Rand explained that the general public did pretty well in determining which stories were true or false, but that a large number still still shared the false stories. This, according to him, is representative of a wider misinformation problem; not only is there a problem of people knowing whether something is true or false, but even when the people know the truth, they will still share inaccurate information. Furthermore, Rand explained that one-sixth of the survey participants from the American public shared inaccurate information when they knew the information was false.
How did the New York Times subscribers do?
You guys (Times subscribers) were doing even better than the American public, which is maybe not so surprising…whereas the rep sample, even though they thought the false headlines were false, they were still willing to share them. For you guys, it looks quite different, and there is basically no sharing of inaccurate content.
Why did the Times subscribers do better? In sum, Rand said that it could be that Times subscribers are simply better, smarter, and more discerning consumers of news. The problem lies with the one-sixth of survey takers who intentionally shared inaccurate information, not with the more discerning Times readers. What a nice, neat conclusion for the Times. Sarah Silverman tells us that we shouldn’t worry about the Times when it comes to disinformation. And Rand tells us that we don’t have to worry about New York Times subscribers when it comes to the sharing of misinformation. No matter that the Times, as detailed earlier, is one of the biggest purveyors of disinformation.
At the end of the event, Frenkel left viewers with a few recommendations. She told them to think about accuracy before sharing, not to retweet or like something just because it shows up on their feed (unless it’s a New York Times article, one can only assume), and to explore the sources of information before sharing it. That’s all reasonable advice. But how does the public sol? In this event, we given no potential solutions. There are two reasons why. First, because it’s an unsolvable problem. There are always going to be people intentionally creating and spreading false information. Second, the Times doesn’t actually care about solving it.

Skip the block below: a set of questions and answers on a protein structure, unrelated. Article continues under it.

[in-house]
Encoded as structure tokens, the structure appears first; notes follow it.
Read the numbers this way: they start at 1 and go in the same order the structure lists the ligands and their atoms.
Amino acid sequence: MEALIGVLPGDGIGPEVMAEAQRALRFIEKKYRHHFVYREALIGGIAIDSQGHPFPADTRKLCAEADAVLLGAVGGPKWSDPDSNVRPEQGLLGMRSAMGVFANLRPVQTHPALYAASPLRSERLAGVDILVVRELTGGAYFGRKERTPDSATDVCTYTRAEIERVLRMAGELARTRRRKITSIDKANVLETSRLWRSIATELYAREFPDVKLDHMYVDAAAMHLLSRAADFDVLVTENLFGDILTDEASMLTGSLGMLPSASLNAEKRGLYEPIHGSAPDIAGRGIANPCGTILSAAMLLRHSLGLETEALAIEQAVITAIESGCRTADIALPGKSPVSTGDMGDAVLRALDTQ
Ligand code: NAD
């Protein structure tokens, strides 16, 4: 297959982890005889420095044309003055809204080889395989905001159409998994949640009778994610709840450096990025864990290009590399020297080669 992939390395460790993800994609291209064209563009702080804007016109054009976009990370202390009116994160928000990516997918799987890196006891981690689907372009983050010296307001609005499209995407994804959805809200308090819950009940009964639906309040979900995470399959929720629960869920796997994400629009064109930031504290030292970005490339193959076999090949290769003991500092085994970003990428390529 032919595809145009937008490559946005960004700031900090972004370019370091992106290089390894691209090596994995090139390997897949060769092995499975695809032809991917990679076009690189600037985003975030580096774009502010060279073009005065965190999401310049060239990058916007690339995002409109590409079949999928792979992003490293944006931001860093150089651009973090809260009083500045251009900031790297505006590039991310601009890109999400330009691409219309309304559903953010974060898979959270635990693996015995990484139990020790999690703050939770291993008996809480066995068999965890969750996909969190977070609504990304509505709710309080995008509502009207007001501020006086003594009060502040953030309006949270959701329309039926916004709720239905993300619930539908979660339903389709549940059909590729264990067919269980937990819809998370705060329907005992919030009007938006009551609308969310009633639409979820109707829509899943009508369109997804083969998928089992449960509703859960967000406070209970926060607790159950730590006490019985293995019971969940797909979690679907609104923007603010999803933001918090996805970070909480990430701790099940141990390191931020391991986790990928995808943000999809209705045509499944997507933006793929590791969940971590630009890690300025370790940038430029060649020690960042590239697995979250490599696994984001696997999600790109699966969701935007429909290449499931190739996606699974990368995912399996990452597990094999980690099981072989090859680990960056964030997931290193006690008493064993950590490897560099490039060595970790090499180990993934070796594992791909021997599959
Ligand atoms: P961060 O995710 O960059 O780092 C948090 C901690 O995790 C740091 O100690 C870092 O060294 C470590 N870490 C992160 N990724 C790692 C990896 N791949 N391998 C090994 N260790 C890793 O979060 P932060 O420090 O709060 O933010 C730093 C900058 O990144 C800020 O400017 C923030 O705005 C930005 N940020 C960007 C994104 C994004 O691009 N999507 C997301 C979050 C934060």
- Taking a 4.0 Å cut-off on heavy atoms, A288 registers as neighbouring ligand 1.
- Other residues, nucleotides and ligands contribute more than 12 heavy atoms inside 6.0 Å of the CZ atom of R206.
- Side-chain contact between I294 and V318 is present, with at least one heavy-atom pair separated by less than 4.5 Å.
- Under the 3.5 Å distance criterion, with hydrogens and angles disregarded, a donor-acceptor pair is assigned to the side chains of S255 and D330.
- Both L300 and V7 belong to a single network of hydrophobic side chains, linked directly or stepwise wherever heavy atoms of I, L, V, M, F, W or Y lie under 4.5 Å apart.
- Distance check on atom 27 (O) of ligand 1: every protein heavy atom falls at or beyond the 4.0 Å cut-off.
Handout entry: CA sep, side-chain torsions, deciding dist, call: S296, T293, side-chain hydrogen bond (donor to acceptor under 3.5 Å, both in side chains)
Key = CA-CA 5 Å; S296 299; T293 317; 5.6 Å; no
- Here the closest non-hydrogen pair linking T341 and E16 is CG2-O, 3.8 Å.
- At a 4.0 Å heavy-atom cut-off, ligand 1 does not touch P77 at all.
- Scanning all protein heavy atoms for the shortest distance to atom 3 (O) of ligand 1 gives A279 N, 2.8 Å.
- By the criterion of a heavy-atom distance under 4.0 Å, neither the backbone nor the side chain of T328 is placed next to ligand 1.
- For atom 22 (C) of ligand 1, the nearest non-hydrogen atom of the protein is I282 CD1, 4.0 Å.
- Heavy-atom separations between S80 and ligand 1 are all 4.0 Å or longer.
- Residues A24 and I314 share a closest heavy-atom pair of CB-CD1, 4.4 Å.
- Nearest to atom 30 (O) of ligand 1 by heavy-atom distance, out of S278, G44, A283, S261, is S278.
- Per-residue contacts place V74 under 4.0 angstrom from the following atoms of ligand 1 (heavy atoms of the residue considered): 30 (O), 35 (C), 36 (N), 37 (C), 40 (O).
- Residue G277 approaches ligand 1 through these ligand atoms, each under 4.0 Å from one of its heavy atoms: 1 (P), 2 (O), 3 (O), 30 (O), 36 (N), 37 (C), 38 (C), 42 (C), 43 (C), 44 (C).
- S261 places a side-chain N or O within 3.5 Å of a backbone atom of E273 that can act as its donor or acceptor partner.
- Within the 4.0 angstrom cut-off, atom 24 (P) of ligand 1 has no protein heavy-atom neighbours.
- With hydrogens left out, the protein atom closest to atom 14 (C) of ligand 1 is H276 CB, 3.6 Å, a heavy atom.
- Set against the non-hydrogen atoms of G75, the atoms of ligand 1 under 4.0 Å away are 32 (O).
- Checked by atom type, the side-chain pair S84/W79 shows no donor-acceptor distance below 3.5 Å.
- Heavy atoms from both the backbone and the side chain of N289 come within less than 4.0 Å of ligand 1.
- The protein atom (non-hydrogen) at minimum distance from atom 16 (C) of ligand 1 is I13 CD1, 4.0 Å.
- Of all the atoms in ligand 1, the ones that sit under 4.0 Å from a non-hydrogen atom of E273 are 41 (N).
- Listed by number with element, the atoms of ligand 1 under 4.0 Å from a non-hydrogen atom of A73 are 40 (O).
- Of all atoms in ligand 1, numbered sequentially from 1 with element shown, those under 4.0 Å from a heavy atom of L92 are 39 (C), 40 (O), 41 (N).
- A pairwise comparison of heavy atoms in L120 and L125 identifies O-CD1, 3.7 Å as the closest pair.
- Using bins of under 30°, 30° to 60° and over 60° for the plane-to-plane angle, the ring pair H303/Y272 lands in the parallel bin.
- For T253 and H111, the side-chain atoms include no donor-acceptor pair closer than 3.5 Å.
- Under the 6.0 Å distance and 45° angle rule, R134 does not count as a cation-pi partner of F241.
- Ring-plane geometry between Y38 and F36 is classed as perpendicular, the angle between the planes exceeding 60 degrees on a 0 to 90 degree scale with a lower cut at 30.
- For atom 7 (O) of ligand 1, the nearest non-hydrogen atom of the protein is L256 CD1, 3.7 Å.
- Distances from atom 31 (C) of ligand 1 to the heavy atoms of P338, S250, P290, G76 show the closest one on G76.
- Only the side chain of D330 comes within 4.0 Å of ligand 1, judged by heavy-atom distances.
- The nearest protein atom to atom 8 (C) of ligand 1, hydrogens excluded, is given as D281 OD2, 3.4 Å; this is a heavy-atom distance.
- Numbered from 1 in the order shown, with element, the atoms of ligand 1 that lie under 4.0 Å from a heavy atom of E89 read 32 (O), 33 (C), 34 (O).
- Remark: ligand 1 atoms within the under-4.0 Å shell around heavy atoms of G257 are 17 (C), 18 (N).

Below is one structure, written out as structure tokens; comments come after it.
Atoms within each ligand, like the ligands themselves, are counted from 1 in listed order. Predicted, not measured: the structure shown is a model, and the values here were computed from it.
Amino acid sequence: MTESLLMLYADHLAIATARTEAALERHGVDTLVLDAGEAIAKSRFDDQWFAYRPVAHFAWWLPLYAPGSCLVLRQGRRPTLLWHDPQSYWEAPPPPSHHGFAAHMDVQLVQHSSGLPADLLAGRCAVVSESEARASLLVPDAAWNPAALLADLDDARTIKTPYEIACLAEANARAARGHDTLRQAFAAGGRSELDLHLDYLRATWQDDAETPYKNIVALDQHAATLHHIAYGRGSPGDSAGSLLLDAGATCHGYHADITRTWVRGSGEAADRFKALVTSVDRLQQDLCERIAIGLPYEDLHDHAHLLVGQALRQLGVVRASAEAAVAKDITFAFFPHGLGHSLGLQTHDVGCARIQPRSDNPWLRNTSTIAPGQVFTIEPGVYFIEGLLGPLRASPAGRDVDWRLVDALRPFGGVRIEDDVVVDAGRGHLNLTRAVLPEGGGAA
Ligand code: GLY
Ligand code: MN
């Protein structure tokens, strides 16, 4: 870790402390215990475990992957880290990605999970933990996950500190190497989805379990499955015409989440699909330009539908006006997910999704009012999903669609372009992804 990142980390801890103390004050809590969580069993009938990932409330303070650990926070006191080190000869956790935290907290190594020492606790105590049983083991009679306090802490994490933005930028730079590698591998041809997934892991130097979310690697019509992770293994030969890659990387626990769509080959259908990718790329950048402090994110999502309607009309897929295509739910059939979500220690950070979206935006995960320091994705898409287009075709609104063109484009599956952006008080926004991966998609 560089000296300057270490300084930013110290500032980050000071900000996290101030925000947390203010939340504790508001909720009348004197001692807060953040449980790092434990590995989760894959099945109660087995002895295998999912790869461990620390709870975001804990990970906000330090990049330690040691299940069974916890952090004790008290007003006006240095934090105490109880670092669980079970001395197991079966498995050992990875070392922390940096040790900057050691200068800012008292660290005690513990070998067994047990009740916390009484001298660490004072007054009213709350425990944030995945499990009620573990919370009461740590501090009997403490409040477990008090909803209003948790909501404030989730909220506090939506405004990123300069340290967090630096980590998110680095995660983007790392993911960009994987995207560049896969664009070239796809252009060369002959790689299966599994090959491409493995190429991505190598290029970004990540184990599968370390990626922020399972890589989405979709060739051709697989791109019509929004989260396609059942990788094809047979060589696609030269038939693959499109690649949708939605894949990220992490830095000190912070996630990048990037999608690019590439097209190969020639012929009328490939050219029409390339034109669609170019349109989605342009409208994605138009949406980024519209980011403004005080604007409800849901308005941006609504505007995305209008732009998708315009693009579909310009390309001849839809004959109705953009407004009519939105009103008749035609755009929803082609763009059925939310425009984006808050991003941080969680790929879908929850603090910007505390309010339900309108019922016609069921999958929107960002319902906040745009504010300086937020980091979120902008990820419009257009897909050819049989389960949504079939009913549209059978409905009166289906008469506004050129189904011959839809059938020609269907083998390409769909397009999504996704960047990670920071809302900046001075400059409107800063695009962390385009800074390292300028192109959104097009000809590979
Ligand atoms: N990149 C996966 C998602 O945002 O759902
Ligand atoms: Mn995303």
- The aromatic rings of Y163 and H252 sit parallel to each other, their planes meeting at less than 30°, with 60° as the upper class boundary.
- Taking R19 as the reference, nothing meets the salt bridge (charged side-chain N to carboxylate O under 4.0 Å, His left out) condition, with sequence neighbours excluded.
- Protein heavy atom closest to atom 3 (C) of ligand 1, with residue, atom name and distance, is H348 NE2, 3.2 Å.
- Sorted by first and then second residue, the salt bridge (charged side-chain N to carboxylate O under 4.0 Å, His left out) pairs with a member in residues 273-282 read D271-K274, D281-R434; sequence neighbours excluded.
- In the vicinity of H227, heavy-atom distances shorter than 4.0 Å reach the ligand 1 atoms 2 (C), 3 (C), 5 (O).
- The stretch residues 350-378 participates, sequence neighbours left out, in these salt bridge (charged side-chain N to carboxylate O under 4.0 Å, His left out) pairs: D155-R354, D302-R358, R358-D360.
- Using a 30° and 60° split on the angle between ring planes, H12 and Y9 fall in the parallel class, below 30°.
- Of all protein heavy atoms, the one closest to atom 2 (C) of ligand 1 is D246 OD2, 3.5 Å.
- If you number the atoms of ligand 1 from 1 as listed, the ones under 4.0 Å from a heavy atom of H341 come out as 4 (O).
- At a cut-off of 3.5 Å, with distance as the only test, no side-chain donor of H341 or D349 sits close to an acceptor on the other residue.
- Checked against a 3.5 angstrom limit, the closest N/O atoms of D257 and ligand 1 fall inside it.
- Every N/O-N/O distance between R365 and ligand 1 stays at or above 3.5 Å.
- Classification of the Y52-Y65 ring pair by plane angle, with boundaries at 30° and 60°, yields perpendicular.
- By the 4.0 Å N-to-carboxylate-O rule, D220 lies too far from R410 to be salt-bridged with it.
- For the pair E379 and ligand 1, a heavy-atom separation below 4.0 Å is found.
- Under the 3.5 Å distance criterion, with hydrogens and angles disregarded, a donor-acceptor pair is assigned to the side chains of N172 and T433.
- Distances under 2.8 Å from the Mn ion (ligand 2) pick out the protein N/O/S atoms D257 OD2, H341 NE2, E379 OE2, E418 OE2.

Reporters from the New York Times can’t stop disinformation, and they know it. That won’t stop them from continuing to churn out reporting and opinion pieces claiming that we’re living in a unique age of false information from which the American public must save itself. They’ll keep pretending that they are the righteous ones ensuring that the truth prevails. They’ll continue to disseminate their own disinformation fed to them by the intelligence community and turn a blind eye to other disinformation, so long as it comes from allies. And all the while, they and their friends in the mainstream liberal media, the halls of Congress, and the White House will continue to agitate for the censorship and shutdown of their political opponents.
Image “Misinformation” by 3dpete used under a Creative Commons Attribution 2.0 Generic (CC BY 2.0) license